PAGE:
In the Sufi tradition, there is a saying, “Die before death.” For Sufis, this is an exhortation to befriend death and the process of letting go as a daily spiritual practice. Learning to die willingly before death allows us, paradoxically, to live more fully, and to die without regret.
All of our ancestors and most of our relatives are immortal. We aren't. How come?
In his meetings Rupert explores the perennial non-dual understanding that lies at the heart of all the great religious and spiritual traditions.
We are living through the most exciting and most challenging times in human history, if not the history of planet.
Instead of denying aging, avoiding death, or fantasizing about some after-life for “me”, Joan points to fully embracing the total disintegration and loss of control that growing old and dying—and living and loving and being awake—actually entails.
Brenda weaves traditional medicine, Buddhism, mindfulness, Toltec energy medicine and ancient calendar teachings to help others understand the times we are in as humanity.
Deepak shares his reflections on Death and shows us how coming to terms with our own beliefs about it can liberate us.
In our world right now there are economic and political and surveillance systems that need help in dying.
How does one choose to walk closely to the dying every day?
Modern cosmology — the study of the nature and evolution of the cosmos itself — has allowed physicists to explain the history of the Universe from the first tiny fraction of a second until today. But what’s next?
Life and death are not the opposites the modern mind has made them to be.
Modern dreams of death and dying are deeply "humanistic", tethered to a vision of the self as independent and removed from "nature".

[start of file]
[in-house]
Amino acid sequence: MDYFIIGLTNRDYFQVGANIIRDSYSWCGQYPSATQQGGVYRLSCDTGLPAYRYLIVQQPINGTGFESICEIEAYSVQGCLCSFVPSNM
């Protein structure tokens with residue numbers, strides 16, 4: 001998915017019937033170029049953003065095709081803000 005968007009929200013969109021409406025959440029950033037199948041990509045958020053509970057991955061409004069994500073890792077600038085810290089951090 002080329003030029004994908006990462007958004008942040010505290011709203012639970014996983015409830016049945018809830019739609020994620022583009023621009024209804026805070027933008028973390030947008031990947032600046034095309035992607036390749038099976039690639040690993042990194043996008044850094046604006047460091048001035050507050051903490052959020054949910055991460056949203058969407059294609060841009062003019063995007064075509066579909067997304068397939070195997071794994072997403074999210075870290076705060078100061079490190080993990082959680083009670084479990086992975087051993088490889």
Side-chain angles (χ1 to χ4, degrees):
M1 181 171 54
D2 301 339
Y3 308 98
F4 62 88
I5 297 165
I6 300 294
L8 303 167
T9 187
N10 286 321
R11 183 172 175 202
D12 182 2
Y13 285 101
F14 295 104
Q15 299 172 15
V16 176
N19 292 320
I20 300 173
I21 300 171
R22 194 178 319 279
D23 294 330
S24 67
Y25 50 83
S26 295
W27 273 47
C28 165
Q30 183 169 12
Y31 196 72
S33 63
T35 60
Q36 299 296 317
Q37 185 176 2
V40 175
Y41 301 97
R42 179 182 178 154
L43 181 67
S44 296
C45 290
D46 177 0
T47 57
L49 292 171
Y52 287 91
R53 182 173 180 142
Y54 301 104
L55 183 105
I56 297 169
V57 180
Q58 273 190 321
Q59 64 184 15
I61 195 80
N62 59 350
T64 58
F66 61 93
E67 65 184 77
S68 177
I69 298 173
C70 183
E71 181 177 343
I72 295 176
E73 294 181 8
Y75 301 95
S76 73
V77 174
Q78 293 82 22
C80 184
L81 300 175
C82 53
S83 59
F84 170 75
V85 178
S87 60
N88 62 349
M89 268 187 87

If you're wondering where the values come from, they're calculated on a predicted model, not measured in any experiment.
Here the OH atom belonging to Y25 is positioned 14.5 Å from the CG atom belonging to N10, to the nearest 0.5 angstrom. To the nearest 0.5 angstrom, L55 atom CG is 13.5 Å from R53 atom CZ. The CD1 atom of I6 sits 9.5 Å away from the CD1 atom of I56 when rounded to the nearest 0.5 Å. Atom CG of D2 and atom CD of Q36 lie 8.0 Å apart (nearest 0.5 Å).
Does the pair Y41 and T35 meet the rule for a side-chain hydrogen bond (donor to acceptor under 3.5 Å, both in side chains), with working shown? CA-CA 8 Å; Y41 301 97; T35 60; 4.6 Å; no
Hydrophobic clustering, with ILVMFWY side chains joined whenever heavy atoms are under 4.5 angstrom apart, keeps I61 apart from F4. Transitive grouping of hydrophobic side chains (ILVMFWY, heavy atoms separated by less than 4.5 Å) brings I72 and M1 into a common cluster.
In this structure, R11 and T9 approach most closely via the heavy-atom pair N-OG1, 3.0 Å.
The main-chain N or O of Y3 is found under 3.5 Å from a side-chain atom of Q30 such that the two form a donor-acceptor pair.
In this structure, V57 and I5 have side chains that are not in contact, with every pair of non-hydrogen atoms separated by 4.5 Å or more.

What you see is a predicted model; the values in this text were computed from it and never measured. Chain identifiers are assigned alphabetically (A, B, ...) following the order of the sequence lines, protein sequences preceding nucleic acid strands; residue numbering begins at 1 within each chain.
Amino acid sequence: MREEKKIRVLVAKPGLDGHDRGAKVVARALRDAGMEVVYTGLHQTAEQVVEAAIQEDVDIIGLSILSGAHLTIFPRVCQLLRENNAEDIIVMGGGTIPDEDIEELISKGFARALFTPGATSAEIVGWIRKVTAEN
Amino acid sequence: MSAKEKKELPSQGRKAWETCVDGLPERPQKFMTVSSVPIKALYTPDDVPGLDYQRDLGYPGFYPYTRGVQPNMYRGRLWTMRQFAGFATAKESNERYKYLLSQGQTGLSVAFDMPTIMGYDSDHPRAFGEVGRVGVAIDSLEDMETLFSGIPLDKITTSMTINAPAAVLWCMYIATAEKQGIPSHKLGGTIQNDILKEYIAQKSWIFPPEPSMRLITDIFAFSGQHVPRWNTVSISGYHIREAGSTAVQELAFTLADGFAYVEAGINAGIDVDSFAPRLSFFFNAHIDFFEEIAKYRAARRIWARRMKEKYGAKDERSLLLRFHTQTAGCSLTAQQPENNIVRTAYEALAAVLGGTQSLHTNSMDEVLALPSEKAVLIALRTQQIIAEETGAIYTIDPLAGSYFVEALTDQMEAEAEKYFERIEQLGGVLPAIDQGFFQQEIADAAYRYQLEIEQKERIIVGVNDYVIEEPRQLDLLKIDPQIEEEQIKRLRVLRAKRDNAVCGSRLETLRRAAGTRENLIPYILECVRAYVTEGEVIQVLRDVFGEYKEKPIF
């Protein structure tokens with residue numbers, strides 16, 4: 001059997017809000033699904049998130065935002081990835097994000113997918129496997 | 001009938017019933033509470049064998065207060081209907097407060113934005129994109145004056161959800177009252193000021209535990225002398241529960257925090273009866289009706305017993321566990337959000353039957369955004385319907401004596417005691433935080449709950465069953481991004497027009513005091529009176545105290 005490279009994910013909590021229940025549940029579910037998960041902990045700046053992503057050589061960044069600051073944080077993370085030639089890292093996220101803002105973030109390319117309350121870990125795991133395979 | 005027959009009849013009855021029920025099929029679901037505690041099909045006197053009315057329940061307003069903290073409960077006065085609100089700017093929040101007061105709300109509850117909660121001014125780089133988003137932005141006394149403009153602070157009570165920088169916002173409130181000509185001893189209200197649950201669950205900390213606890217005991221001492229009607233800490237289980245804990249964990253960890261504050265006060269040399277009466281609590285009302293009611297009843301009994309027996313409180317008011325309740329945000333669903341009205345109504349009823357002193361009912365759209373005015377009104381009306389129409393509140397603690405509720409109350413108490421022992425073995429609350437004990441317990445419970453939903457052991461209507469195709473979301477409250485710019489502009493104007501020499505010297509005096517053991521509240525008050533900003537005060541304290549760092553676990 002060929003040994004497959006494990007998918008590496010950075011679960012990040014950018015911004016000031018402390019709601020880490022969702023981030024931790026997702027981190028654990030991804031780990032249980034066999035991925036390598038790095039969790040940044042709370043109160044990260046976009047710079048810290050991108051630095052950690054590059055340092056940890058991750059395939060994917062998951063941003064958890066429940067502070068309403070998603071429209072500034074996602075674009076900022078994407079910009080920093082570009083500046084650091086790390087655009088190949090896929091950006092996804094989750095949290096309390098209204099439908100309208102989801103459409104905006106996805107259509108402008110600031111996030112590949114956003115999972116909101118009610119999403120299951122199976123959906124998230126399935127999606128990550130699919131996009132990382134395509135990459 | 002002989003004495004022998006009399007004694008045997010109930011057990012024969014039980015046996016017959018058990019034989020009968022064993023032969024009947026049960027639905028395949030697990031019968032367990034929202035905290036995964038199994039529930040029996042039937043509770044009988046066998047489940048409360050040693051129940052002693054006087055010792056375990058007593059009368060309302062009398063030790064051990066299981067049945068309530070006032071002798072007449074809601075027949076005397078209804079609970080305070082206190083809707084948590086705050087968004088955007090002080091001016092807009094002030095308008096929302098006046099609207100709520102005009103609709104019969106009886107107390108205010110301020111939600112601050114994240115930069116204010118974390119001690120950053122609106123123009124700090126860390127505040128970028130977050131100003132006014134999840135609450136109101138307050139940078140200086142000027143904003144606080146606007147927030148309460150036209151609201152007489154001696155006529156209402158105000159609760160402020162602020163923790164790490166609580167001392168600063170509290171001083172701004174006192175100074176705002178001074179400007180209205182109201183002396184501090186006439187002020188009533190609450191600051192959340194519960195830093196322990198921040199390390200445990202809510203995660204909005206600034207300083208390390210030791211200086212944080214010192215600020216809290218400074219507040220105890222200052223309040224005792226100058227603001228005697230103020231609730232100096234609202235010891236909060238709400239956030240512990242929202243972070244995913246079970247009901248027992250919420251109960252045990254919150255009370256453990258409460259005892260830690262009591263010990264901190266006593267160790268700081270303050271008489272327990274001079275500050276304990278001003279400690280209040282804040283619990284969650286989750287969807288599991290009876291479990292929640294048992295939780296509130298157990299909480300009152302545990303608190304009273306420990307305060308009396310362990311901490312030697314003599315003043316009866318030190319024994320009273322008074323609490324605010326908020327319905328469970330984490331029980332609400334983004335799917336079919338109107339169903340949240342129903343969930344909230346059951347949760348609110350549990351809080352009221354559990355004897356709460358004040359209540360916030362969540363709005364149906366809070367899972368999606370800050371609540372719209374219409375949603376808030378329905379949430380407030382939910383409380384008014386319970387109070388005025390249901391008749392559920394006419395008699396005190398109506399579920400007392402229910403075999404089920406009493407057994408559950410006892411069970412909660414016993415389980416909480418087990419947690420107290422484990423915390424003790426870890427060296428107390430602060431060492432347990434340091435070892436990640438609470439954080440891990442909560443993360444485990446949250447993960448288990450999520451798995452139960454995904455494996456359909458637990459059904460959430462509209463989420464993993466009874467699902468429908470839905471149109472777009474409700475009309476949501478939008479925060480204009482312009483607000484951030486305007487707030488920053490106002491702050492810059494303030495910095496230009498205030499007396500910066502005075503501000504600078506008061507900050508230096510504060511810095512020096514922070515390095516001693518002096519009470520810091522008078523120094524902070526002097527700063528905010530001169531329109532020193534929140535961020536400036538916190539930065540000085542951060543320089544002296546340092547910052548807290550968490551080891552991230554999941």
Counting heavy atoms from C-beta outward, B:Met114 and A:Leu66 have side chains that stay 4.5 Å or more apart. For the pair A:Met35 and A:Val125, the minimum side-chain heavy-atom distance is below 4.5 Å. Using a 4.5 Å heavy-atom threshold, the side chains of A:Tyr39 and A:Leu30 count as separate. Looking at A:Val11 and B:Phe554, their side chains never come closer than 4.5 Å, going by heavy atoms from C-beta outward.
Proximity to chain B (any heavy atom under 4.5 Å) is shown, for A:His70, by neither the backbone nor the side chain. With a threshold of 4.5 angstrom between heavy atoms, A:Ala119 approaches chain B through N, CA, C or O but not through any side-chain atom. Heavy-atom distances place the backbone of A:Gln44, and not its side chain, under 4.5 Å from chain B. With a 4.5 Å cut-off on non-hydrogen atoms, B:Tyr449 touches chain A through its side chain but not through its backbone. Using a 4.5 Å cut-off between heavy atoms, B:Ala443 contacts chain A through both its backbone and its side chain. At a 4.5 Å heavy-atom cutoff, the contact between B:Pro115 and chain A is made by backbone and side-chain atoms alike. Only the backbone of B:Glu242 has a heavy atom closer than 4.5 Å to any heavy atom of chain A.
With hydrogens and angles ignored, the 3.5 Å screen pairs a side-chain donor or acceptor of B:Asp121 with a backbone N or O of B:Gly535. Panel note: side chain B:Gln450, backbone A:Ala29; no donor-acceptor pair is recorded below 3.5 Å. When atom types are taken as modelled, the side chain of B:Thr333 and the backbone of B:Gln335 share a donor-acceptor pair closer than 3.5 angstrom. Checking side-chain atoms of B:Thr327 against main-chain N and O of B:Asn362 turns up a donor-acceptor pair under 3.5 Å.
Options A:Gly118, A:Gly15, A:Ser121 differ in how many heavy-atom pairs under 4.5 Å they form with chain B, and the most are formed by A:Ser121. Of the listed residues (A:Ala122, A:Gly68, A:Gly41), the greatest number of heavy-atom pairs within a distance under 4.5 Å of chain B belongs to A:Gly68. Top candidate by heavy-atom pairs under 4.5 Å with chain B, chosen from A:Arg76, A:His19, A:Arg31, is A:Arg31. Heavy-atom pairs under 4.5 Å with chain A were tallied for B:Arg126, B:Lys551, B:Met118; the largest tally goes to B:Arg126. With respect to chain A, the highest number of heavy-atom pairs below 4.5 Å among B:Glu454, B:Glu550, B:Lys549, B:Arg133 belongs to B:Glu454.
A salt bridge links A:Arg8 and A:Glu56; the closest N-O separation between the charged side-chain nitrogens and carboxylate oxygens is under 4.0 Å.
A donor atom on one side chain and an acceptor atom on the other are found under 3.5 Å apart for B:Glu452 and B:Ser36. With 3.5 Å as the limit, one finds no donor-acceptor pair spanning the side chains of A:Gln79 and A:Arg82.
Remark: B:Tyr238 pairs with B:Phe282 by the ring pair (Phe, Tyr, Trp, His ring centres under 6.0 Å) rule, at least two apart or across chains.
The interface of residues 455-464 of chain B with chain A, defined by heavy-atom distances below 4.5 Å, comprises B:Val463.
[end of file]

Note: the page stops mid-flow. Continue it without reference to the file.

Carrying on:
Dr. Long has investigated thousands of near-death experiences (NDEs) with the results of his research published in the New York Times bestselling book Evidence of the Afterlife: The Science of Near-Death Experiences.
Lama Rod Owens holds a Master of Divinity degree in Buddhist Studies from Harvard Divinity School and is a co-author of Radical Dharma: Talking Race, Love and Liberation.
Let’s start with Anaximander, who said everything forming in Nature incurs a debt which it must repay so that other things may form, which I see as the essence of evolution and a fascinating take on Dying to Live.
Heart-break is painful. There is no way around that. The loss of a loved one is devastating. It breaks you down. It tears you apart. The life that you thought you were living is no more. The person you thought you were, has died with your loved one.
Our ability to meet each moment in life with awareness benefits us immensely at the time of death.
Caring for people who are dying can be an intense, intimate, and deeply alive experience. It often challenges our most basic beliefs.
Learning the skills of dying occurs in the course of living deeply and well.
A glimpse into the empty awareness reveals what one cannot learn over multiple lifetimes
Can we live softly and spaciously, with a loose grip and a joyful heart, even in times of great sorrow and loss?
To find answers about love and relationships that transcend time, culture, religion, read What Are You Looking For?
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